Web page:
Finding Meaning through Connection

LaurenGiving back

I am entering my 9th season racing as a professional triathlete. I never knew what a triathlon was until 2009, so it’s safe to say I never dreamed of being a professional triathlete as a kid.

As the new year rolled in I found myself jaded when it came to triathlon. I am addicted to moving, so completing my training is not the issue. My personal life is the most stable and meaningful it has ever been. That wasn’t the issue either. My Blueprint Fit bloodwork came back and nothing is out of the ordinary. I considered that my Vitamin D was low with the dull weather, but everything else was fine. I have been examining my frustration with triathlon and have identified two possible sources of my apathy and I came up with two things.

Connection. What are we without it? I am learning that my breakdowns and semi- depressive/anxious episodes occur when there is a lack of connection with other people. When I start training hard the focus usually turns to being all about me. I tend to get the training done then go home and prepare for the next day. I fail to make time for friends, social interactions outside of the triathlon and for activities that do not involve sport. There seems to be this perceived notion that to be your best in this sport you have to have tunnel vision. I have to be completely selfish and make every decision based around my training and recovery.

This does not work for me anymore. I want more in life. I want to have an impact on others, have strong relationships, have conversations that go beyond swim, bike, and run.


The second realization I had was that triathlon has changed in the last decade. When I started the sport, hard work and talent were rewarded. That was it. Consistent and frequent results got you partnerships. I remember racing 17 times a season and consistently being on the podium. Hustling and entering every race to get my name on the board so I had a shot of making a career out of triathlon. I loved triathlon because it was a pure grind. I once raced in Minneapolis on Saturday and in Boulder on Sunday with podiums at both. The pure gritty nature of what was required drove me day in and day out.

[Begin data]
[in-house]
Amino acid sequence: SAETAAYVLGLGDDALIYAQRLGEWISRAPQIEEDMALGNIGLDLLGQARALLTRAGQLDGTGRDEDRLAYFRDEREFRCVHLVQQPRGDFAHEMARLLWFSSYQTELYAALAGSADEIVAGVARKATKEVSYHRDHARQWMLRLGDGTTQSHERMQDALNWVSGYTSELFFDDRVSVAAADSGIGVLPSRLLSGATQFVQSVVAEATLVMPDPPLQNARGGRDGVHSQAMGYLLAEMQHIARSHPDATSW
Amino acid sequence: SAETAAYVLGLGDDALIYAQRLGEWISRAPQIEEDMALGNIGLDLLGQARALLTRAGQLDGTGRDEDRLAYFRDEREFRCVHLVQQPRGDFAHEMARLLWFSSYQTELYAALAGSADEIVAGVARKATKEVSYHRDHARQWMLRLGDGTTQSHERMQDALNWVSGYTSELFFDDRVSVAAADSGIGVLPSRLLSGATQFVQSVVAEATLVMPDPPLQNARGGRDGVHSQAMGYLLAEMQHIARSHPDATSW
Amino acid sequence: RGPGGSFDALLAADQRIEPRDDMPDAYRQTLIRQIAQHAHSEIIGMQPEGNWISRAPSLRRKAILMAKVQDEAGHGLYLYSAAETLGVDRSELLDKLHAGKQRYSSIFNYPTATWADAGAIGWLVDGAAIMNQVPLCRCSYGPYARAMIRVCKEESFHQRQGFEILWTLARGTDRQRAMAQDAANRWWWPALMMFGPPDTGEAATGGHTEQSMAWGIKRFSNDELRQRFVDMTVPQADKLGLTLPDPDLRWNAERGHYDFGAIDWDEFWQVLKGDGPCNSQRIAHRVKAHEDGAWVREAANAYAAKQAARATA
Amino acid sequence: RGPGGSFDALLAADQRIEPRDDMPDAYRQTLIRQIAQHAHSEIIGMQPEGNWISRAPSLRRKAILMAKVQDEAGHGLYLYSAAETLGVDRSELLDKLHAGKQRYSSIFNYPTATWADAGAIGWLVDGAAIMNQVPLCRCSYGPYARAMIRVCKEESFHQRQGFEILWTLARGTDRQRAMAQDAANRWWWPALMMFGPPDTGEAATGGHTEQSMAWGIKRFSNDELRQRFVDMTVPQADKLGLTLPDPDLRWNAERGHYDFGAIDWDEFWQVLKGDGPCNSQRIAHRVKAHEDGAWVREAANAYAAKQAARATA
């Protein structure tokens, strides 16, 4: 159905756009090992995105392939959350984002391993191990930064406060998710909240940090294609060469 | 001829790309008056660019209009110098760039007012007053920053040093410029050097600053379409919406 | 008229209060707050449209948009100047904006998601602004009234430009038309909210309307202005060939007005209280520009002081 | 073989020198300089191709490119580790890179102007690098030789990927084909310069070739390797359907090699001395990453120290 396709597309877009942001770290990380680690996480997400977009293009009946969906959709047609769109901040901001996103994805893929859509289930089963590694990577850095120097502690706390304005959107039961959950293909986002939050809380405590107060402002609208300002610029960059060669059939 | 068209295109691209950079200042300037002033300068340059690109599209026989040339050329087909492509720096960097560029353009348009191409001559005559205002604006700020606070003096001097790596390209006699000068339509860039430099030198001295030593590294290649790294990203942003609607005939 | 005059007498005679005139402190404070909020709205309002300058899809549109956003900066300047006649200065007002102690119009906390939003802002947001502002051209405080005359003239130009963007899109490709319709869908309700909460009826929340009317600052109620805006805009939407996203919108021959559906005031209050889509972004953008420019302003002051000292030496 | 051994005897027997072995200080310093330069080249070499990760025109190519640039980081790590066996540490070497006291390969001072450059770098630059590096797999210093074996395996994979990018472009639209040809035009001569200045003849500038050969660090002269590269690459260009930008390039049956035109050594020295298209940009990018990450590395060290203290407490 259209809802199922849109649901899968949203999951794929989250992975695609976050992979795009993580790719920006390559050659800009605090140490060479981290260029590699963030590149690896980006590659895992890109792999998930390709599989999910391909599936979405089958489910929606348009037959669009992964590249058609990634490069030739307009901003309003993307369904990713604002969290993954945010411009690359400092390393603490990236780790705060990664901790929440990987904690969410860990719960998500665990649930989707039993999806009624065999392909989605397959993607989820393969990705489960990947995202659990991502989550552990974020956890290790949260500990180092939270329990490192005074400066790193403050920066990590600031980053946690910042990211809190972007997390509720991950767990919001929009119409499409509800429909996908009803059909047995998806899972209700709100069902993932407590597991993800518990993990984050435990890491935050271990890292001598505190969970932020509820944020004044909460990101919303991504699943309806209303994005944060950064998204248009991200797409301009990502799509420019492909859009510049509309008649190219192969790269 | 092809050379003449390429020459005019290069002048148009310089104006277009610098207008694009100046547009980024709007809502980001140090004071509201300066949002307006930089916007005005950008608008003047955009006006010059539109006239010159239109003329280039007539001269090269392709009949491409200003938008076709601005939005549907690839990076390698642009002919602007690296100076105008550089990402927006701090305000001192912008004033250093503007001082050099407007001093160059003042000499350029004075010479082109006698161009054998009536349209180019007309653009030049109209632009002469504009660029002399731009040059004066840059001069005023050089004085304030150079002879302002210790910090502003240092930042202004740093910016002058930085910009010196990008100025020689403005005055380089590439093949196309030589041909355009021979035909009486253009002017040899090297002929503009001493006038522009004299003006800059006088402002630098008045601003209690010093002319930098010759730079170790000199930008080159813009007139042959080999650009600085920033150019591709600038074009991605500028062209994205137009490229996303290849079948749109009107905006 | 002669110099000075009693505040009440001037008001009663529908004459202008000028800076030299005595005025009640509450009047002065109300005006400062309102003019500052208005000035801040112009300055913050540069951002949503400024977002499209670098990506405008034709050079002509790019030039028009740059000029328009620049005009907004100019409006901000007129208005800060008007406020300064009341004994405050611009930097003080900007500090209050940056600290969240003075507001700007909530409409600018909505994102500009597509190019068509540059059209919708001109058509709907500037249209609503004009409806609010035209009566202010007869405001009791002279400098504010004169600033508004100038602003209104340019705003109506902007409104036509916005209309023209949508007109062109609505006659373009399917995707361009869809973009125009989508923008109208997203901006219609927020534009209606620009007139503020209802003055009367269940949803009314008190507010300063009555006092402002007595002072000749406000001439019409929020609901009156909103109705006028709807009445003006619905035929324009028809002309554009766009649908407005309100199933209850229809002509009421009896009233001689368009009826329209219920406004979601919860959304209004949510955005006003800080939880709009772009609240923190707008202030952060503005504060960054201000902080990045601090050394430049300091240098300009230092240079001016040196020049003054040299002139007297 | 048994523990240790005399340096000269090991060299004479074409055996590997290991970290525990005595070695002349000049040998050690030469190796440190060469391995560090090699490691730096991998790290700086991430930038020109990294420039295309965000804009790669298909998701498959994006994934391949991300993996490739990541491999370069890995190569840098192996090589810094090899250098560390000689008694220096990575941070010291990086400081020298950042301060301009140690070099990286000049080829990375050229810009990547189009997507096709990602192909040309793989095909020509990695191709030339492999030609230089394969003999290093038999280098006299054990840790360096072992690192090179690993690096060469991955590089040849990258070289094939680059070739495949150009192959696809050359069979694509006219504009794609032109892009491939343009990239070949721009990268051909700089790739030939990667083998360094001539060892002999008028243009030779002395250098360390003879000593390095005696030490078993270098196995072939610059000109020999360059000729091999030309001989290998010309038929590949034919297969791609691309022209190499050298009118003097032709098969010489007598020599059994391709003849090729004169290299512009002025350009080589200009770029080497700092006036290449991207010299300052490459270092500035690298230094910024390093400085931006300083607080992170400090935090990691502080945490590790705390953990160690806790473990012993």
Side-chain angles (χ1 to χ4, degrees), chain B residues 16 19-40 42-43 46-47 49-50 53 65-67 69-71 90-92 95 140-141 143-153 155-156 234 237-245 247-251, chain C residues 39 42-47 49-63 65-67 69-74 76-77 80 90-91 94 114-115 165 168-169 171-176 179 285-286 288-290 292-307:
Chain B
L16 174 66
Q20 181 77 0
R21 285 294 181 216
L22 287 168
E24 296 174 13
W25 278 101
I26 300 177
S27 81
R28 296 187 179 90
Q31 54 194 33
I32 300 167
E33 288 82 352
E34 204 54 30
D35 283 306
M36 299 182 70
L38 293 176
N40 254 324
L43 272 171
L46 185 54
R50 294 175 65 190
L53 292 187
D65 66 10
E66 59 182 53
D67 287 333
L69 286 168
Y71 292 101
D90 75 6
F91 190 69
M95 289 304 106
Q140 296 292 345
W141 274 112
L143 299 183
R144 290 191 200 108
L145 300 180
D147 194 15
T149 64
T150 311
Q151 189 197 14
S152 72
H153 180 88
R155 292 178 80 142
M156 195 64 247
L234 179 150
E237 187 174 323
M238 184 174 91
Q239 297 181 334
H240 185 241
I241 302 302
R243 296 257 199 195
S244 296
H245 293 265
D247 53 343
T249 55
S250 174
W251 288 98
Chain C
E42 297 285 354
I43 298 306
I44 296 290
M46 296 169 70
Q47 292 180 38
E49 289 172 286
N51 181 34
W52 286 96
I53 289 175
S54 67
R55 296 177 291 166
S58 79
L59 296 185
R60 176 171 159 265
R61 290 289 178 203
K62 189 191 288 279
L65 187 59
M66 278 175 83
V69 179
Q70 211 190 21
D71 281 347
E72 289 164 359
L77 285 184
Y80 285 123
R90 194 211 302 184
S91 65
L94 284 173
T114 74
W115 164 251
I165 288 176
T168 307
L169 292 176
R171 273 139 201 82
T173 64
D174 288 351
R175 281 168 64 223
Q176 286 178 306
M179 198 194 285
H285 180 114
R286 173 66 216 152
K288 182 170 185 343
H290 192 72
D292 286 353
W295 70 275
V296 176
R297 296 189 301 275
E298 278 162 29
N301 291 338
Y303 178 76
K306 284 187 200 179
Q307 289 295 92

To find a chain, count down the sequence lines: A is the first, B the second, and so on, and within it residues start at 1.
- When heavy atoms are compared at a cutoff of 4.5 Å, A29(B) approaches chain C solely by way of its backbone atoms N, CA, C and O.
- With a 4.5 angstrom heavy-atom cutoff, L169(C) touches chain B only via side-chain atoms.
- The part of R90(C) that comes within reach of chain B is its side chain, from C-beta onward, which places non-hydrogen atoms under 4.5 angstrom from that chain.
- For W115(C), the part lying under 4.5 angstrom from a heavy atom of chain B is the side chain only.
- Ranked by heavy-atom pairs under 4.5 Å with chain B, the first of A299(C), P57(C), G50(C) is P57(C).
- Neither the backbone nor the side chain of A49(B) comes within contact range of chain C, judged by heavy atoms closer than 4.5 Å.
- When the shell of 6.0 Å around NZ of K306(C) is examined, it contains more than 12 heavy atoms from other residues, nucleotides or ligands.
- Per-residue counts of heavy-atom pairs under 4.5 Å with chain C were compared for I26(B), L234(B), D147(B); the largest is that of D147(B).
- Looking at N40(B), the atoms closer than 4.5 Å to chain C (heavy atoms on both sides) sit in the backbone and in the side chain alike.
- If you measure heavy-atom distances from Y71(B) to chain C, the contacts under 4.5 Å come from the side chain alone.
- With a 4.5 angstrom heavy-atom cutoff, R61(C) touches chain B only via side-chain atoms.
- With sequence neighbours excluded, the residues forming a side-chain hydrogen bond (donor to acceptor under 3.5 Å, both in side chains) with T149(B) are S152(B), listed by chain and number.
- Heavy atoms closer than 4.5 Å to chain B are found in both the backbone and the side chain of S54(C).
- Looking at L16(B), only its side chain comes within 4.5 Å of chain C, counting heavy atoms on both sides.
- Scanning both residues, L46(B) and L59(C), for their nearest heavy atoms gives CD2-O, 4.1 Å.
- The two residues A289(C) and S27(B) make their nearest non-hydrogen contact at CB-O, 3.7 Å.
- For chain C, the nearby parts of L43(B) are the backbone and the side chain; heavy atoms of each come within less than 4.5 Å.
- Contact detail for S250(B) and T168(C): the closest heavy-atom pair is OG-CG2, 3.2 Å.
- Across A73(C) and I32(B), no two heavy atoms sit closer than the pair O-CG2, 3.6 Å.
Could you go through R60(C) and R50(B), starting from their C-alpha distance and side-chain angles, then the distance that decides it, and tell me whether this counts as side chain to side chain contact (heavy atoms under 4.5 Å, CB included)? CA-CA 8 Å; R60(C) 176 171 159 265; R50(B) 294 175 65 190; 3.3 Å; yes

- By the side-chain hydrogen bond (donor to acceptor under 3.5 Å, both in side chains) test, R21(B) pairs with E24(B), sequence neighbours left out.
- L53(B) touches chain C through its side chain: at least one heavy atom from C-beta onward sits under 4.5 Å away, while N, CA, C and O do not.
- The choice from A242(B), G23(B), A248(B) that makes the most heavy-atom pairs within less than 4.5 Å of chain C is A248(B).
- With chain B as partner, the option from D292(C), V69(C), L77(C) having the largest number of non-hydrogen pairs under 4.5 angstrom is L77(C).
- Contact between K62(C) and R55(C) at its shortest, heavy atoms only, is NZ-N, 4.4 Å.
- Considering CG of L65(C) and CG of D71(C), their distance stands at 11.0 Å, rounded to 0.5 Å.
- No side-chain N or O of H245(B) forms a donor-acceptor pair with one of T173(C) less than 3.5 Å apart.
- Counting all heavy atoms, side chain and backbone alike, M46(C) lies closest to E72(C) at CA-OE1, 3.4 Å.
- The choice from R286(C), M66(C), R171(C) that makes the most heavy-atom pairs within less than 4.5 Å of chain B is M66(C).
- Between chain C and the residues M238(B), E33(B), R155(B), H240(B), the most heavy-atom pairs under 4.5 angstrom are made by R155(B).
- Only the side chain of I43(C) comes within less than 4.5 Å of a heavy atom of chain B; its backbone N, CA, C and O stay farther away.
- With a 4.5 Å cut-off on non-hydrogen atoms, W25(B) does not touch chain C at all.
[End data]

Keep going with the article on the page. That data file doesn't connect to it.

Things are different now. If a pro athlete does not have a YouTube channel or a drone following their sessions with a professional photographer then that pro athlete does not have a shot at getting partnerships. There is little difference now between a brand influencer and a hard-working professional athlete. On social media right now, we see the edited beautiful and artistic photos/videos of athletes racing and training. That really is not what is going on behind the scenes.

I personally am intrigued by athletes with raw and unedited content. Isn’t that what people want to see? The good stuff, the unedited, unscripted and unmanicured content that is quickly captured between intervals or post workouts. The edited “plandids” and ad quality photography are basically staged and not reality. The sport is less genuine and more about “getting the shot”.

It is an unfortunate position to be in. To feel trapped between wanting to express myself as an athlete and feeling as though the portrayal of a ‘role’ is more important to sponsor. I feel pressure to have manicured content to maintain my position with sponsorships which ultimately decides my future in triathlon. This new era in triathlon has been heavily weighing on my mind. I catch myself anxious about how I can stage an Instagram post instead of figuring out how I can get teenage girls with eating disorders to discover sport as an outlet. Instead of worrying about how many “likes” I can get with a really sexy or artsy photo, I want to create a platform where I can make a difference in the next generation. And by that I mean being completely transparent and also being approachable so anyone feels like they can reach out with any issue they may need guidance with.

So what am I going to do to find joy in sport again? I am going to use my platform that I have built from triathlon to work with young girls struggling with body image, eating disorders, and social media. Here in Boulder this summer I am starting a youth girls group that meets twice a month to learn about cycling, social pressures, and healthy habits to implement. This is a massive area that needs to be addressed and I am going to spend my time figuring out a way to have an impact there instead of making a YouTube channel. By focusing less on myself and using the resources I have, my goal for 2019 is to teach young women how to be physically healthy, confident, and have connections with their peers.


How to do the Holidays right